Future demand for hydrogen could be met by producing it from bacteria grown in biomass, say technologists at Belgian research organisation VITO.
Karolien Vanbroekhoven, programme manager of separation and conversion technologies at VITO in Boeretang, said other groups around the world are looking into hydrogen production out of biomass, but her team’s work is unique because it focuses on dark fermentation, a process that does not use light as an energy source.
The fermentation process requires solid organic waste enriched with wastewater. The organic compounds of this biomass act as a carbon source for bacterial growth and a source of energy for their metabolism.
’Since they do not require light energy, they can constantly produce hydrogen from organic compounds throughout the day and night,’ said Vanbroekhoven.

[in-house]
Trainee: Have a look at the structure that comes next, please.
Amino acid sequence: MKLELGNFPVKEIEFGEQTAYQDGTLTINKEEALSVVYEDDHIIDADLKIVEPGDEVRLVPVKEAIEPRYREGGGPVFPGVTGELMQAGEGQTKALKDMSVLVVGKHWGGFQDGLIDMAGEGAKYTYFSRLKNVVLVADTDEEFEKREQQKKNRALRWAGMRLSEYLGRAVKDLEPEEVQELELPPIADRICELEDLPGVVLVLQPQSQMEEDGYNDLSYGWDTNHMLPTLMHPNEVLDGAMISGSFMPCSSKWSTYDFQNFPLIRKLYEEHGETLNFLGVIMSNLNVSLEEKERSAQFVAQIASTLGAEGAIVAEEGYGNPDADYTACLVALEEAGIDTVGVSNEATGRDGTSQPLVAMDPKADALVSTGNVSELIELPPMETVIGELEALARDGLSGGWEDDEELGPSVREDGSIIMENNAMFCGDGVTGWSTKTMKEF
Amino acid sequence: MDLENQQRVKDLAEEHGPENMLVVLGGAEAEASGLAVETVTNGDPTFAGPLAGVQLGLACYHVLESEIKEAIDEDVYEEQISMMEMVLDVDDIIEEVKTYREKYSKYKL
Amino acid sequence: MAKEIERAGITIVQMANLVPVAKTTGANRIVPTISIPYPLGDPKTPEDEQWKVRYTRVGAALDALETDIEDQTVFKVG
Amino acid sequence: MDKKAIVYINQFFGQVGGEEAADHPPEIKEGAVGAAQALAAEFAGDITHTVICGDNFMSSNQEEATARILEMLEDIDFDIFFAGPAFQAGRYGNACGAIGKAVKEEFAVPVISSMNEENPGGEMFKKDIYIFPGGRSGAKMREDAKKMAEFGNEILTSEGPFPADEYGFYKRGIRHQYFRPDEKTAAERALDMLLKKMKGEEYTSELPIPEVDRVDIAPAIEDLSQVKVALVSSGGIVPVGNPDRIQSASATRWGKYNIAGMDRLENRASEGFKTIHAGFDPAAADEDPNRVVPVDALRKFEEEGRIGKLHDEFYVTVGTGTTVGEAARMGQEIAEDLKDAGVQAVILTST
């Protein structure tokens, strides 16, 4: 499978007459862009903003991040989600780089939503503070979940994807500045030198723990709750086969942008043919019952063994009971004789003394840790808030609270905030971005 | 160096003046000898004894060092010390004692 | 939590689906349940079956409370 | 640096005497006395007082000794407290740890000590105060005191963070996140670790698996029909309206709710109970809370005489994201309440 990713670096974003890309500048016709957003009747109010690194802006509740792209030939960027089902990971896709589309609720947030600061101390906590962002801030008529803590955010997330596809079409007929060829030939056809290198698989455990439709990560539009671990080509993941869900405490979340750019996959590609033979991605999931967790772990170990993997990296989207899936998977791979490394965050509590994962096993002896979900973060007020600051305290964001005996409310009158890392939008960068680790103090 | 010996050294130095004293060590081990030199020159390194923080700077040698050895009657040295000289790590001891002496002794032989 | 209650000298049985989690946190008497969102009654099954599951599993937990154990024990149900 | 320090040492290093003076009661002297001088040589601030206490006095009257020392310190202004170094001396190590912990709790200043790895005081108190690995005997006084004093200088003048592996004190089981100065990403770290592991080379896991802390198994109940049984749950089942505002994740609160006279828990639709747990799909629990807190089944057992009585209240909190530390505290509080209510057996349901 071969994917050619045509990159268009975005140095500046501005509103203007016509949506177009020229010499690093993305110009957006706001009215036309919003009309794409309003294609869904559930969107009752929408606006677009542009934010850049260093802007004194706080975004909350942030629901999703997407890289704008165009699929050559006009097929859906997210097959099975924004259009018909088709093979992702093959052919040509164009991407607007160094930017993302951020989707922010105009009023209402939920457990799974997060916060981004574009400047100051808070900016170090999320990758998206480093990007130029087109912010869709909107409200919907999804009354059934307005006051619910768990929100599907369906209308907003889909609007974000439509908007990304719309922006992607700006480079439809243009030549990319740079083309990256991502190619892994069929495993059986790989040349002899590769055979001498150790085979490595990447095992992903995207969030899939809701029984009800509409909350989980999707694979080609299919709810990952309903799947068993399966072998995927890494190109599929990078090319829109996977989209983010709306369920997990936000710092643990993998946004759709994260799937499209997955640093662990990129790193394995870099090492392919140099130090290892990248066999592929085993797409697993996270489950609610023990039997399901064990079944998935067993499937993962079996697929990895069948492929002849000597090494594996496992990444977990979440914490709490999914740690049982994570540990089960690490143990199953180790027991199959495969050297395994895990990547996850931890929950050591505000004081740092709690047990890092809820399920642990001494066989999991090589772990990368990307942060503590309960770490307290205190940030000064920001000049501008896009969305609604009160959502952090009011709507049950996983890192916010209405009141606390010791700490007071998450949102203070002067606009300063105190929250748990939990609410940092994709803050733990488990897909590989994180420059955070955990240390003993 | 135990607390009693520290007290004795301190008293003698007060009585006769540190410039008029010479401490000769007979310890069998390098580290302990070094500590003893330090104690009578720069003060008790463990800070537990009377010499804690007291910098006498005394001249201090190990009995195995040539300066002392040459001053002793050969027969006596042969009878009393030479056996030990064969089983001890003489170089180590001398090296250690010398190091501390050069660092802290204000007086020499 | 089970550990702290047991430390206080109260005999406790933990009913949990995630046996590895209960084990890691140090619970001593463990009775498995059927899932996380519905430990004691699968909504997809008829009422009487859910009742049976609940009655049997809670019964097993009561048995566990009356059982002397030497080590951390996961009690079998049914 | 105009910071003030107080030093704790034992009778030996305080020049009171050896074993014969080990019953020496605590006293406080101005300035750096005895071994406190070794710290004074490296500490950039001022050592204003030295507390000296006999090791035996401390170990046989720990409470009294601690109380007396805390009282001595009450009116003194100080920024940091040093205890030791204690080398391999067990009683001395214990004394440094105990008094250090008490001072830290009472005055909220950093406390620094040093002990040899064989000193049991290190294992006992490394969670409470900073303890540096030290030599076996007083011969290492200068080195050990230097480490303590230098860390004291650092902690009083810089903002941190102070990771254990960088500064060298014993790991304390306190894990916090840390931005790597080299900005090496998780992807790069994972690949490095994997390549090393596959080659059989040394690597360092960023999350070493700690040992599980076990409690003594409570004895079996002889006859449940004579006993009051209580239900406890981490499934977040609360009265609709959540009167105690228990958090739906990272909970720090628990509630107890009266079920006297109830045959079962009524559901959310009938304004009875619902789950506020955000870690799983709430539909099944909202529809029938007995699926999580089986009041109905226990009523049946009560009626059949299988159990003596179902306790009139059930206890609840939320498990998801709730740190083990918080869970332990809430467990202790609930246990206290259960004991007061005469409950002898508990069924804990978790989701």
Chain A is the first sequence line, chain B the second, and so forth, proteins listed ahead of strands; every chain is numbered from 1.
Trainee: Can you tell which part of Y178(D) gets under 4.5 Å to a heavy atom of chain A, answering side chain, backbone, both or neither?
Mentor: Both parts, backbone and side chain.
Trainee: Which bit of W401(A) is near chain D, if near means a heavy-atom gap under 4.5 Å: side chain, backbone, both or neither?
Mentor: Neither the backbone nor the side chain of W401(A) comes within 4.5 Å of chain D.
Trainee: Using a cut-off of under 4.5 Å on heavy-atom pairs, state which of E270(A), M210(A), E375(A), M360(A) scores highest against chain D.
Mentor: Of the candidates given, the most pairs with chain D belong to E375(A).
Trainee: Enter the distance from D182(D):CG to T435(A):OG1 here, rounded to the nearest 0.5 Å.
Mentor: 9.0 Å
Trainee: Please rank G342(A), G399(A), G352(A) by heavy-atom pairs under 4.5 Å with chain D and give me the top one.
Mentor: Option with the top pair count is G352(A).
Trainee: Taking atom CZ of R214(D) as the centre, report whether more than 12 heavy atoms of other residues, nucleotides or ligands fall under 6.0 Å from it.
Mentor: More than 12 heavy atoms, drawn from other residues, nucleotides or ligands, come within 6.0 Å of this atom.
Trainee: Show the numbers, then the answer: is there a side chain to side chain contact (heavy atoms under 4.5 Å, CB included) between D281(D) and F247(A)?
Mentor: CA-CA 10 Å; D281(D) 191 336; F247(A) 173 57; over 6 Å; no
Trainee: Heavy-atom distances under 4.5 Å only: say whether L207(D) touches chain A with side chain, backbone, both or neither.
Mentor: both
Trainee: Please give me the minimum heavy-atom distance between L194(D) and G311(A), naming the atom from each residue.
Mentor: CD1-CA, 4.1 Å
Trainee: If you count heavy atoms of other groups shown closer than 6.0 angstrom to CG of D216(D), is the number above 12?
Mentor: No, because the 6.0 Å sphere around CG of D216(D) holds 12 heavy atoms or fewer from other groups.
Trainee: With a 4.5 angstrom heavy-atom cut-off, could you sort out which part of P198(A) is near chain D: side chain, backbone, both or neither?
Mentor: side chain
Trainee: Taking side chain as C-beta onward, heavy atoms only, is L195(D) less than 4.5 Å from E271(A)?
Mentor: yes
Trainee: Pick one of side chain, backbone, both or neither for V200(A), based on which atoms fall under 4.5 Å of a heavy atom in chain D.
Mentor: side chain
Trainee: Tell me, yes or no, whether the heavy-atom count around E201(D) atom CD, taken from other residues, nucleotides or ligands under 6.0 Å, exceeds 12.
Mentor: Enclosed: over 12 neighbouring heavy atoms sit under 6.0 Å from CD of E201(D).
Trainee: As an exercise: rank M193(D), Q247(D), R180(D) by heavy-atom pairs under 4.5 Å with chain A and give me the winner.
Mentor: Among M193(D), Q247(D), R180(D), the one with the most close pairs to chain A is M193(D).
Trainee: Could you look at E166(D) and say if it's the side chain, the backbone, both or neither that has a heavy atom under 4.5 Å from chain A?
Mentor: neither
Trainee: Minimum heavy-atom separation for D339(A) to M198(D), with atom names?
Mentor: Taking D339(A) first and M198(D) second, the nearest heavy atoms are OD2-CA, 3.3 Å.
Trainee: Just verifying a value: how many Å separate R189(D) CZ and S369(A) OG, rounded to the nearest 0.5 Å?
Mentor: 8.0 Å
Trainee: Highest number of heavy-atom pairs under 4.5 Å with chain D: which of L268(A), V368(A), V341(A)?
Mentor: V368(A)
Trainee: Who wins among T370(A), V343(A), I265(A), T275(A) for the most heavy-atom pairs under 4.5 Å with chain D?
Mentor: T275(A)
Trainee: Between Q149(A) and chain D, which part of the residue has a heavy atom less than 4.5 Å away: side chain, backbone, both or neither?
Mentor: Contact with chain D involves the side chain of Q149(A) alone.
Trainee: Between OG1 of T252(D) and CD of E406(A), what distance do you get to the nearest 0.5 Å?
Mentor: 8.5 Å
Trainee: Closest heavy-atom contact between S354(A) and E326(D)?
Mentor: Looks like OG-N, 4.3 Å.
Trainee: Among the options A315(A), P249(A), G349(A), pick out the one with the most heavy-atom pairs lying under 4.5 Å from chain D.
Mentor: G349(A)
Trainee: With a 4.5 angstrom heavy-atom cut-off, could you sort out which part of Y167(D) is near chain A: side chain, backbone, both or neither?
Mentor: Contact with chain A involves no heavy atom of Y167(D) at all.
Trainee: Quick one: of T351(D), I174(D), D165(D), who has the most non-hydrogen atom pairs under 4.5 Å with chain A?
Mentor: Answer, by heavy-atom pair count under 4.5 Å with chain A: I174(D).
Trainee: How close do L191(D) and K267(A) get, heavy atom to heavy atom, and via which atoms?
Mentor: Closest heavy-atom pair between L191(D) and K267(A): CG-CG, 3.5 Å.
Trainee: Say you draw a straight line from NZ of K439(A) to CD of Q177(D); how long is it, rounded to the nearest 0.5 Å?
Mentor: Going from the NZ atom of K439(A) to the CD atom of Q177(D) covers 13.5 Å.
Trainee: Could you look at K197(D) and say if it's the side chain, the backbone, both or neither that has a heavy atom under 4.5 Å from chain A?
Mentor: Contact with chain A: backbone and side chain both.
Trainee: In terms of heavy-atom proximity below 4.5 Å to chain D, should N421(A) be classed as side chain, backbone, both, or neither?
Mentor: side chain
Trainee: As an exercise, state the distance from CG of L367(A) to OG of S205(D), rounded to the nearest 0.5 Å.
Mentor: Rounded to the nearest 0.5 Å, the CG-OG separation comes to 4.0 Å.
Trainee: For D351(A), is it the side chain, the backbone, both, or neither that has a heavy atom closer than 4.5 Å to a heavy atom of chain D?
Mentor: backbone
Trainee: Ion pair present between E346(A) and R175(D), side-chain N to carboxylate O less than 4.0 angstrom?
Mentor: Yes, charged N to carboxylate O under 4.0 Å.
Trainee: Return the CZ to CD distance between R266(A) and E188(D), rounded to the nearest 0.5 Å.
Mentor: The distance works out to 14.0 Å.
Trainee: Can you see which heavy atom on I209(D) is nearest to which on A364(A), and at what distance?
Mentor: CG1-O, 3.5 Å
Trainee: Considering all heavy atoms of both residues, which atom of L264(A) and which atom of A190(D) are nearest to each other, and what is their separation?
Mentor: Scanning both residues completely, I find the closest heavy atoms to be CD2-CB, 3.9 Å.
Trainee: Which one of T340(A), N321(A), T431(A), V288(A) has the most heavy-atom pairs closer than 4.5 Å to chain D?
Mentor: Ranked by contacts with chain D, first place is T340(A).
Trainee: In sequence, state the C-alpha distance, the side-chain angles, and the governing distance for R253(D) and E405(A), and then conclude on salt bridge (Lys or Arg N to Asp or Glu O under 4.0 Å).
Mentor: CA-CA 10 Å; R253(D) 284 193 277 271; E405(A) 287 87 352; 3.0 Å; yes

The organic biomass is fed into a bioreactor, similar to an anaerobic digester, but specially designed for removing hydrogen.
’If hydrogen is not removed efficiently and fast from the reactor, the process stops,’ she added. ’Typically, both a mixture of at least hydrogen and carbon dioxide are produced and removed by stripping and combining with gas separation membranes.’
However, research and development still needs to be carried out in this area.
Vanbroekhoven envisions hydrogen produced in this way being used for either fuel-cell applications or as a chemical. The key will be in scaling the technology to an industrial level.
’If it’s used as chemical, more compression is needed, and that again increases the investment and cost of production,’ she said.
Vanbroekhoven’s team is continuing to work on increasing efficiency of its process and hopes to have a commercial plan soon.